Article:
German WWII shipwrecks off Polish coast pose environmental threat, says Germany
WWII German shipwrecks lying off the Polish coast pose an environmental threat, the German foreign ministry has said, but removing them risks the “spontaneous release of hazardous material”.
At least 100 wrecks have been classified by Poland's Fundacja Mare, an organization established to protect marine ecosystems in the Baltic, as a “high priority” because they contain significant amounts of fuel that poses a threat to the natural environment.
One vessel of particular concern is the Franken. The ship went down with 2,700 tonnes of oil, plus its own fuel, after being attacked by Soviet aircraft in 1945.
Most of the ship's storage tanks are believed to be intact. If the tanks were ruptured during a salvage operation, hundreds of tonnes of oil could spill out, potentially contaminating water and beaches in the vicinity of the Gdansk Bay.
The German foreign ministry said: "The German federal government is aware of the problem of ecological pollution."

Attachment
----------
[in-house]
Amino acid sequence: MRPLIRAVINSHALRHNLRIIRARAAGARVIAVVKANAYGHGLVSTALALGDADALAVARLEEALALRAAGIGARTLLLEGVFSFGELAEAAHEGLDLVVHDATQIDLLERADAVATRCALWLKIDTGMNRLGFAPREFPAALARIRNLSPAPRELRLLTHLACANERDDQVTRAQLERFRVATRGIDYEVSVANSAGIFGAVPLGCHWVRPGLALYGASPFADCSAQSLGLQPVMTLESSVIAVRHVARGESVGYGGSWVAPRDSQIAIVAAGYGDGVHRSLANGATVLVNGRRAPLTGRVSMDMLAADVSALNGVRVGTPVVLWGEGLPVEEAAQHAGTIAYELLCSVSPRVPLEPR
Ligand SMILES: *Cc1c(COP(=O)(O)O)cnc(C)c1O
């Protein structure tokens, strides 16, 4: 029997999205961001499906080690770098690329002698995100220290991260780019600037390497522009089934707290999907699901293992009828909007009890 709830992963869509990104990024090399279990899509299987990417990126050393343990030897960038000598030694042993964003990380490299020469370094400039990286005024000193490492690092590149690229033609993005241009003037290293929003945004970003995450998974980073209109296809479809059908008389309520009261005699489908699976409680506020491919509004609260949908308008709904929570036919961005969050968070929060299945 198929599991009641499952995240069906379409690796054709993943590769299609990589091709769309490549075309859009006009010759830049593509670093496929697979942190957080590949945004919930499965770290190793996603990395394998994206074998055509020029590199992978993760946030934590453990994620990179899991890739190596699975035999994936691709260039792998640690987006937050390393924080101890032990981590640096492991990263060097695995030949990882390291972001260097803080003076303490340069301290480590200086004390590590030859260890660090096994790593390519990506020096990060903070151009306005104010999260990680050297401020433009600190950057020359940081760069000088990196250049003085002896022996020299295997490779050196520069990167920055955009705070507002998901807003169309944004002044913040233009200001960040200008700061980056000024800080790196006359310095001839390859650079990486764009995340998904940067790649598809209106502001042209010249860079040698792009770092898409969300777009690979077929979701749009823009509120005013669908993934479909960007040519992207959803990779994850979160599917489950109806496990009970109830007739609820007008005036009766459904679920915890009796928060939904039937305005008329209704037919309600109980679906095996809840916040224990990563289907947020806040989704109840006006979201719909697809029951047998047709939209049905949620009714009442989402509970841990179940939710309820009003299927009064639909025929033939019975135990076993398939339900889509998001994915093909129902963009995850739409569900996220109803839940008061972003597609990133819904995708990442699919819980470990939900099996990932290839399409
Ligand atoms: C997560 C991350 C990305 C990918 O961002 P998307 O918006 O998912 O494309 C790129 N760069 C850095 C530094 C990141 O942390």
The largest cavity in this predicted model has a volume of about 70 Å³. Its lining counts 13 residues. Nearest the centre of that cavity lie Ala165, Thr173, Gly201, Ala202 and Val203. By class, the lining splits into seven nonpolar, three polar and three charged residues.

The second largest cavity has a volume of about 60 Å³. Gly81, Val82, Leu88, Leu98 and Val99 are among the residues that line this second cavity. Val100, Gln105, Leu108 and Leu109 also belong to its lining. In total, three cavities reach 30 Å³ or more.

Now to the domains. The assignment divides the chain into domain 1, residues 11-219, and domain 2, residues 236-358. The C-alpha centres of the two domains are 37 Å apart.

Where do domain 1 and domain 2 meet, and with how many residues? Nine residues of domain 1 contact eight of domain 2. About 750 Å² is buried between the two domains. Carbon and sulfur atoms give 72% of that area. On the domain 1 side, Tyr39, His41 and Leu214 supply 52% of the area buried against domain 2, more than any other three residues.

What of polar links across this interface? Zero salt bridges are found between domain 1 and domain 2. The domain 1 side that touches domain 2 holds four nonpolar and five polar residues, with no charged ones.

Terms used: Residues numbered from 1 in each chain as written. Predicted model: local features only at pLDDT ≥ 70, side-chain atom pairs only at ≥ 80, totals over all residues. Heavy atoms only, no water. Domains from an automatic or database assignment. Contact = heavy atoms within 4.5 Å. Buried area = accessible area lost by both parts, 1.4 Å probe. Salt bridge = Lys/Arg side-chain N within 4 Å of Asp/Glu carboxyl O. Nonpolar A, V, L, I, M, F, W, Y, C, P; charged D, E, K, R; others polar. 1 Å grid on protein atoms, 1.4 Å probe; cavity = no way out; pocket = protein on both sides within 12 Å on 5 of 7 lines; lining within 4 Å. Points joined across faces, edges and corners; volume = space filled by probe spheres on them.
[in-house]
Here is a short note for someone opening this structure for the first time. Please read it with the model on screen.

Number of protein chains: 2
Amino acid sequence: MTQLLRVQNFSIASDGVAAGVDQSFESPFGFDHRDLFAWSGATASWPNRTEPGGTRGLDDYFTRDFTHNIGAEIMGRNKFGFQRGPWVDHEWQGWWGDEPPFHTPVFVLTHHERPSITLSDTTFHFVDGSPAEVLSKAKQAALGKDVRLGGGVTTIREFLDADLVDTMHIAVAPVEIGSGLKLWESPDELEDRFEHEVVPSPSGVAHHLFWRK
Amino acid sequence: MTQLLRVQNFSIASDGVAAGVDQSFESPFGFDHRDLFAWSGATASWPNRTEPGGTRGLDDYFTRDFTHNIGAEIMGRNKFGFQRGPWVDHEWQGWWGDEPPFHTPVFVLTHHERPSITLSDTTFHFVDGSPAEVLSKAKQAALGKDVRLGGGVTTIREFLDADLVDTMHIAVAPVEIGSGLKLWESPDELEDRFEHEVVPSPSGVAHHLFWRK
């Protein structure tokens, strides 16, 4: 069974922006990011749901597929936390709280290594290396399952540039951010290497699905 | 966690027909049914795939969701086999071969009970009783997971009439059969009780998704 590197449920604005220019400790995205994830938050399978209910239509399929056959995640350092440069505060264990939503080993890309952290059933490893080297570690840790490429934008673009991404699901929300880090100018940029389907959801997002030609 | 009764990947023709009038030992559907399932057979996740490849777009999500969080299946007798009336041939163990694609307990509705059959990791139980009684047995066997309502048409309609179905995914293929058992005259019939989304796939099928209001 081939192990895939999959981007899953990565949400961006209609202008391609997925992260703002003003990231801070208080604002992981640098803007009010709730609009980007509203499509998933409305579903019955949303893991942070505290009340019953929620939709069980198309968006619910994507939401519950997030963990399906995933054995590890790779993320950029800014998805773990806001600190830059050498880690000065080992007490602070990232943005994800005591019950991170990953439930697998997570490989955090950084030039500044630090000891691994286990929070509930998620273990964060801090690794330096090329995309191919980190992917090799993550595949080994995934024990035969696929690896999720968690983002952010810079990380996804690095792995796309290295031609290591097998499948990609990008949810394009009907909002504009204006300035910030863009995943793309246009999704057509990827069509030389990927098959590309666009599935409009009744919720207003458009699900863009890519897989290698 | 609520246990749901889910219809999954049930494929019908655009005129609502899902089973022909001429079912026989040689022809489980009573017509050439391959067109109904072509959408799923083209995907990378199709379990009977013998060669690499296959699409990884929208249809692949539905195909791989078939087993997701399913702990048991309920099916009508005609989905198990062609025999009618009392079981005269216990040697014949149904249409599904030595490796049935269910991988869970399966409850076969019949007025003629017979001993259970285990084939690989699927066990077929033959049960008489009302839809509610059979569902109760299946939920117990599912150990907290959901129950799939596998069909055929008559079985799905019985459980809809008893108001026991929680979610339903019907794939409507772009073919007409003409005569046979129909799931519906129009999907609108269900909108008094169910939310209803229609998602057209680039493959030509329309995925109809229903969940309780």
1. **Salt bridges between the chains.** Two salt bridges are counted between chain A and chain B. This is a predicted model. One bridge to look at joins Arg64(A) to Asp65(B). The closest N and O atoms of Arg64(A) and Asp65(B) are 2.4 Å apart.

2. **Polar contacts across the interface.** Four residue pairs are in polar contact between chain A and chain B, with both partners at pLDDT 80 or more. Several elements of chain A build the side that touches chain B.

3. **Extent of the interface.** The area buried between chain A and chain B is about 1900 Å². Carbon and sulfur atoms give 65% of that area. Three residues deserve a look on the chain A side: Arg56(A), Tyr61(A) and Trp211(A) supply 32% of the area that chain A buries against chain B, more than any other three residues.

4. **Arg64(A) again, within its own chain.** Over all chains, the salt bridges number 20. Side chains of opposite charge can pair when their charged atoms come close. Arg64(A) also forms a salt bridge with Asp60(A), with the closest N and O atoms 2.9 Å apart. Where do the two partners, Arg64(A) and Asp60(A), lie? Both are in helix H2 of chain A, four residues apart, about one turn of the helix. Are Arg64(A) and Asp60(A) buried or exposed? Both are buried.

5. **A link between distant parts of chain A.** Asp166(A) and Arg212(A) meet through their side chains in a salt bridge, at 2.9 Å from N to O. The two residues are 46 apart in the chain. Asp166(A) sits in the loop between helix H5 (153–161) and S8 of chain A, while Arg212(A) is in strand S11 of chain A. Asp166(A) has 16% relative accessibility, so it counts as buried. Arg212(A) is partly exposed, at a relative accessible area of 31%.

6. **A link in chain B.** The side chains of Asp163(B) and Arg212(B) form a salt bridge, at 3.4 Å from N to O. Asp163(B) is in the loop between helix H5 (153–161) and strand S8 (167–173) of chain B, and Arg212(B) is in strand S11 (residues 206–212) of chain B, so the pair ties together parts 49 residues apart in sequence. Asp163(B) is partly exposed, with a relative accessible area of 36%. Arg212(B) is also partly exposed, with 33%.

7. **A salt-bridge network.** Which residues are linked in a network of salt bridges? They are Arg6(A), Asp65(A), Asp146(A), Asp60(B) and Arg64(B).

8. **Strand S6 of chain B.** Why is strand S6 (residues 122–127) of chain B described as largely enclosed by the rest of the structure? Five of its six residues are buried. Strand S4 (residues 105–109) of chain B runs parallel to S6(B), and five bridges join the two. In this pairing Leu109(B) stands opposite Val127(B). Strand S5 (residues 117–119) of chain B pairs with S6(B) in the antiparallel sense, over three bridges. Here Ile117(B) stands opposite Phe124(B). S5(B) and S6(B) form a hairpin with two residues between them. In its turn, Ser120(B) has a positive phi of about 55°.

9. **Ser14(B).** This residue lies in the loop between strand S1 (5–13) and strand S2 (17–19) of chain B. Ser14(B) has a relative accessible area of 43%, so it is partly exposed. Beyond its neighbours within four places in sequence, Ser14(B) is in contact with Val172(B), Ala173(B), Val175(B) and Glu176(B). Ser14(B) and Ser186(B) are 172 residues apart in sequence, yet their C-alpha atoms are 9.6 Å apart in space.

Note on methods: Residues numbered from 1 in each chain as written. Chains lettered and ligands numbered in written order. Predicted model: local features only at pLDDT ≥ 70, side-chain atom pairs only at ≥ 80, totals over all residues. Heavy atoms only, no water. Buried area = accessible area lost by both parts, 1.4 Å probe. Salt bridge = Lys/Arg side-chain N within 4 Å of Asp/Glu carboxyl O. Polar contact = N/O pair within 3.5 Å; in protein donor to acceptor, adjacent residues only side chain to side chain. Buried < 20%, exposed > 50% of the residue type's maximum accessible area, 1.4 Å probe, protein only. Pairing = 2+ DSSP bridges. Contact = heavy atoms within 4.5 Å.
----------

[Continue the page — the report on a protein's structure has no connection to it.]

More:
But he added that "removing dangerous substances, such as heavy oil, from the wreckage has not yet been well tried and tested."
Salvage efforts "carry with them the risk of spontaneous release of hazardous substances."
International teams of scientists are now working on how to retrieve the dangerous substances without causing a major incident.
Another German ship, the Stuttgart, lies in the Bay of Puck and has been leaking fuel since 1999.
The wreckage and the area around it have been the subject of numerous research efforts by such institutions as the Medical University of Gdansk and the Maritime Institute in Gdansk.
A 2015 survey showed that the contamination area from the Stuttgart had grown five-fold since the leak was discovered, and measured 415,000 square meters with the condition of the environment in the immediate vicinity being described as a local ecological catastrophe.